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Thursday, 20 May 1926

Senator Sir VICTOR WILSON - On the 19th March Senator Foll asked the following questions: -

1.   Referring to the replies to my questions of the 4th March, with reference to the importation of German dyes, on whom does the onus rest of furnishing conclusive proof that no similar dyes of British origin are available?

2.   Will the Minister make available the names and respective quantities of German dyes licensed into Australia during the last six months?

3.   Will the Minister state specifically the grounds on winch each of these licences was granted, and what opportunity, if any, was given to British manufacturers in England and/or to their agents in Australia to rebut the German representations that these dyes were licensable?

4.   Will the Minister obtain information as to whether samples were submitted to the licensing authorities here, together with the application to import, and does the licensing department satisfy itself that the goods imported are identical with the dye-stuff for which the licence was granted?

5.   When the licence to import is granted, is there any time limit within which the dyestuff must be landed in Australia; if not, will the Minister arrange for such time limit, following the English procedure?

6.   Will the Minister arrange that . publicity is given, for the benefit of all parties concerned, to applications for licences, and to licences actually granted ?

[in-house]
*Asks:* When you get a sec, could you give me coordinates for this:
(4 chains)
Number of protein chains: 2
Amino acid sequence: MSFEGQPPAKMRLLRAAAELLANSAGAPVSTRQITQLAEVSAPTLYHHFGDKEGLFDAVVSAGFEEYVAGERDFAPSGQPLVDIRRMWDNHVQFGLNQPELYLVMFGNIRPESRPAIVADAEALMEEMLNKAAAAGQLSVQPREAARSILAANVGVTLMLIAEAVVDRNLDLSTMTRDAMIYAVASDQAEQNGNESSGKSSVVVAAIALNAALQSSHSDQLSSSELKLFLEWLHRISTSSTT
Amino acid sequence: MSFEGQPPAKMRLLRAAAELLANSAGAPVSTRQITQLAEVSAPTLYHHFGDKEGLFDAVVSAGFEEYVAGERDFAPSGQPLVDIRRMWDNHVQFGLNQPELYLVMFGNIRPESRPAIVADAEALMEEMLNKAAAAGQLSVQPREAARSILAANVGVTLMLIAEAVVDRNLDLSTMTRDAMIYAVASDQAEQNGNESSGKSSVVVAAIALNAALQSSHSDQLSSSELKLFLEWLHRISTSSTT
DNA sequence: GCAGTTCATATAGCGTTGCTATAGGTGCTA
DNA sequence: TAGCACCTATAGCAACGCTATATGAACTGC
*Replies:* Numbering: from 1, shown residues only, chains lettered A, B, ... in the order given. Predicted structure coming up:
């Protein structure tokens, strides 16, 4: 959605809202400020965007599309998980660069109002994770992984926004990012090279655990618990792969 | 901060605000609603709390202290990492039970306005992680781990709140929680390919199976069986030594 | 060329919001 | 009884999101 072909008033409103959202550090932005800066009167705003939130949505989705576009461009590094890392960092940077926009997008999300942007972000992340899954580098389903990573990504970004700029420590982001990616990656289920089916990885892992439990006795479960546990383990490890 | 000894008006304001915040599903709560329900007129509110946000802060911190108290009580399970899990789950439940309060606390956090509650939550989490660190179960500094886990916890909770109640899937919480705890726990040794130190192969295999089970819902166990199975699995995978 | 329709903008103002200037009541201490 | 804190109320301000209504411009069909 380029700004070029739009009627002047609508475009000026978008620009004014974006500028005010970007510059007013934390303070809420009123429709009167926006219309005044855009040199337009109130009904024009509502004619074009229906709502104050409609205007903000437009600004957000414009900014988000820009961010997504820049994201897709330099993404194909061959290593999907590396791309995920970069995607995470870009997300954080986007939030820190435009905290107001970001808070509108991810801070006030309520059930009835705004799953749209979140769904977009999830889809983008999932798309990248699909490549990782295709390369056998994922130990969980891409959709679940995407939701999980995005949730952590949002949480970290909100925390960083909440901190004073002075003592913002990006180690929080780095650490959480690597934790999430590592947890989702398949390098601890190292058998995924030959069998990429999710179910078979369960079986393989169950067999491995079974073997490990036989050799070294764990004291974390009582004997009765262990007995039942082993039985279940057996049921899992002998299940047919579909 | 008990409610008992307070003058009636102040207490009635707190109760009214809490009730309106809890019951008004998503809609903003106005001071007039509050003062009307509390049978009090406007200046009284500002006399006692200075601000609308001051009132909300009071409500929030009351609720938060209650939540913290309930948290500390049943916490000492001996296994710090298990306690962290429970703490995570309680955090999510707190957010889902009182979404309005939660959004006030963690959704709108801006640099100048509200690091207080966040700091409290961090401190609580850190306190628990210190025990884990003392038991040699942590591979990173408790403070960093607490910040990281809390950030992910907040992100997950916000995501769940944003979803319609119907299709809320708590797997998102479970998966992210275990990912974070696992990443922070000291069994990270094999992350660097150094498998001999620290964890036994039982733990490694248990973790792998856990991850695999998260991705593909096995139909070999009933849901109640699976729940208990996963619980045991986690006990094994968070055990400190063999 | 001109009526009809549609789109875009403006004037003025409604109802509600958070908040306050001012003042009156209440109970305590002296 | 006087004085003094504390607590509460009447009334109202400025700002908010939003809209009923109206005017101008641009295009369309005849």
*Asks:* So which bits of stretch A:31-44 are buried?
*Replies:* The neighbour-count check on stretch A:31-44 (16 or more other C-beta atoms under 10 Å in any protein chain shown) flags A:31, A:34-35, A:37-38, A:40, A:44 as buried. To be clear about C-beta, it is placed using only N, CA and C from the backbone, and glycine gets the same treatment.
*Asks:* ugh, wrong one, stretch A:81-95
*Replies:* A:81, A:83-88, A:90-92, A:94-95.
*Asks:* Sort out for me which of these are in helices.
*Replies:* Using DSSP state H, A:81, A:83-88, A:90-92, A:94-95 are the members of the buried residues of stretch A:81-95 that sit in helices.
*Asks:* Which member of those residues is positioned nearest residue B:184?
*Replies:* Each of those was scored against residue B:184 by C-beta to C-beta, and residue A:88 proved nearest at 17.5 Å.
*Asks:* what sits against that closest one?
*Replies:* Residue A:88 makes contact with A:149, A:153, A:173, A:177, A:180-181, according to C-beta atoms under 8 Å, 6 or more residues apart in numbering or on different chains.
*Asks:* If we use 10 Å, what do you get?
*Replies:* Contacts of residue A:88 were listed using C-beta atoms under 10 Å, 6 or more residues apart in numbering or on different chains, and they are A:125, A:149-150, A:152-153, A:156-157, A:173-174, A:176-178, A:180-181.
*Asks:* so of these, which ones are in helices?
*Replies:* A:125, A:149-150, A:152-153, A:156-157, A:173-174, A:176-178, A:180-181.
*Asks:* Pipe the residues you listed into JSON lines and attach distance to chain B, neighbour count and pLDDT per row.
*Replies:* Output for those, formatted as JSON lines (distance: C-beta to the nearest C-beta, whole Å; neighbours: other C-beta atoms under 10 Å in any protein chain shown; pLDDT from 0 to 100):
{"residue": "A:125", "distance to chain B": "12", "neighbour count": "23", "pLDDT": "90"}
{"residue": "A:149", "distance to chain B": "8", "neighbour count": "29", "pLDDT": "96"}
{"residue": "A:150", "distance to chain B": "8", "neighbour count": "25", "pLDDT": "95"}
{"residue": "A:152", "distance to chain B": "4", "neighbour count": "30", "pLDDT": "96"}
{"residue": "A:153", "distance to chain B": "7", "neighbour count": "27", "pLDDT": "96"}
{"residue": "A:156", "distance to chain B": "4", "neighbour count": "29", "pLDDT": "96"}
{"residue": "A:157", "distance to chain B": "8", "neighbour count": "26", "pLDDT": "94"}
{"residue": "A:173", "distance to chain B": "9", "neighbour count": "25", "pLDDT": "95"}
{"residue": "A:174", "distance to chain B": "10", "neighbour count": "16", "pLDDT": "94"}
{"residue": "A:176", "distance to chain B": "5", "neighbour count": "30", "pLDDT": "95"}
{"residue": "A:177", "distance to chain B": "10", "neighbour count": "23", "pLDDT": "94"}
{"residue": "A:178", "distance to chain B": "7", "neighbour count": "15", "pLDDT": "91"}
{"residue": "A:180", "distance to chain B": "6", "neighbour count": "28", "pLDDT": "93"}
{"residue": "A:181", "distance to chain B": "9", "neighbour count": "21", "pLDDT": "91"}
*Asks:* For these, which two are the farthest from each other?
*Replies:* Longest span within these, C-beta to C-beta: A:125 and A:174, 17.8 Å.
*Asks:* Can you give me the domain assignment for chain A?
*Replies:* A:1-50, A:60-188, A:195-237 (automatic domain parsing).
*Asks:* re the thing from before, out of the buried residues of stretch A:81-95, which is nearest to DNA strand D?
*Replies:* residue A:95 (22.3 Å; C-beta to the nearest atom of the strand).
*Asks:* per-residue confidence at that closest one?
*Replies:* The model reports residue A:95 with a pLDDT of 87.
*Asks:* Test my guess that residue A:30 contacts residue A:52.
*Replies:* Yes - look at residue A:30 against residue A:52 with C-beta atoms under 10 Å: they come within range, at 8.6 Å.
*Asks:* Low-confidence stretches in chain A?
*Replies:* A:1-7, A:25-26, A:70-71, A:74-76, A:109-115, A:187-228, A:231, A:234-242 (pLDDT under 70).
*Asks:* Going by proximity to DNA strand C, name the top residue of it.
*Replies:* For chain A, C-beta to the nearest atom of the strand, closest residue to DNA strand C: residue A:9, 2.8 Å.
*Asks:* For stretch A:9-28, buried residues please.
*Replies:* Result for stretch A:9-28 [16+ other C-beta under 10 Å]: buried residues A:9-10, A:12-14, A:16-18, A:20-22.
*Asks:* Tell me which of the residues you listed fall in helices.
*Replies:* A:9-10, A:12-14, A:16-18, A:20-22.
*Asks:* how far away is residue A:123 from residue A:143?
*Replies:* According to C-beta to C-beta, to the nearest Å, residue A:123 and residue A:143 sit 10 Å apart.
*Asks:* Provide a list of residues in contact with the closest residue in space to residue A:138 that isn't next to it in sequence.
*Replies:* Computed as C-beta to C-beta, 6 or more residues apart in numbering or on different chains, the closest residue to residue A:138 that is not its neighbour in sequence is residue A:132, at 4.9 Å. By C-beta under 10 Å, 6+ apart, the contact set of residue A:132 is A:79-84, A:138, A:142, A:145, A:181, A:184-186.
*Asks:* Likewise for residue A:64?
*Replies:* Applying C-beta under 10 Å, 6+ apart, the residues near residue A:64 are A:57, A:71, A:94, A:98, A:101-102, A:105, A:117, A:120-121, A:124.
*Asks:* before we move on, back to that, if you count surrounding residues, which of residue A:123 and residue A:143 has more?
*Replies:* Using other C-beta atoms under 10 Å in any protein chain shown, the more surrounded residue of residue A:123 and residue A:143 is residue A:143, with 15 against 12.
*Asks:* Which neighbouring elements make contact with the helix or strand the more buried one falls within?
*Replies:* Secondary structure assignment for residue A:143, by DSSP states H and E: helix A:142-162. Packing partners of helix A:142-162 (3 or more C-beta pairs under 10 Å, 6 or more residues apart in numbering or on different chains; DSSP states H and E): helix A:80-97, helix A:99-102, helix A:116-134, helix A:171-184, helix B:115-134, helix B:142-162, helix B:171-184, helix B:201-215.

I am now able to furnish the honorable senator with the following information : -

1.   On the Dye Licensing Committee of the Board of Trade, London.

2.   Following the British practice, it is not considered advisable to publisha list by name of each of the German dyes for which licences to import have been issued.

3.   On the ground that there was no British substitute available, this information being based on the action taken by the British Board of Trade. In cases of doubt, reference is also made to the agents of British companies in Melbourne.

4.   As decisions are based on the practice obtaining in the United Kingdom, samples are not demanded except in instances where there is doubt as to the 'properties and composition of the dye-stulf, or when the departmental decision is objected to by the applicant. It is not the general practice to examine all imported dyes for which licences to import have been issued, 'but occasionally samples are drawn for confirmatory examination on importation.

5.   There is at present no fixed time limit within which a licence must be exercised, but thequestion of fixing a limit of, stay, six months, is under consideration.

6.   See reply to No. 2.

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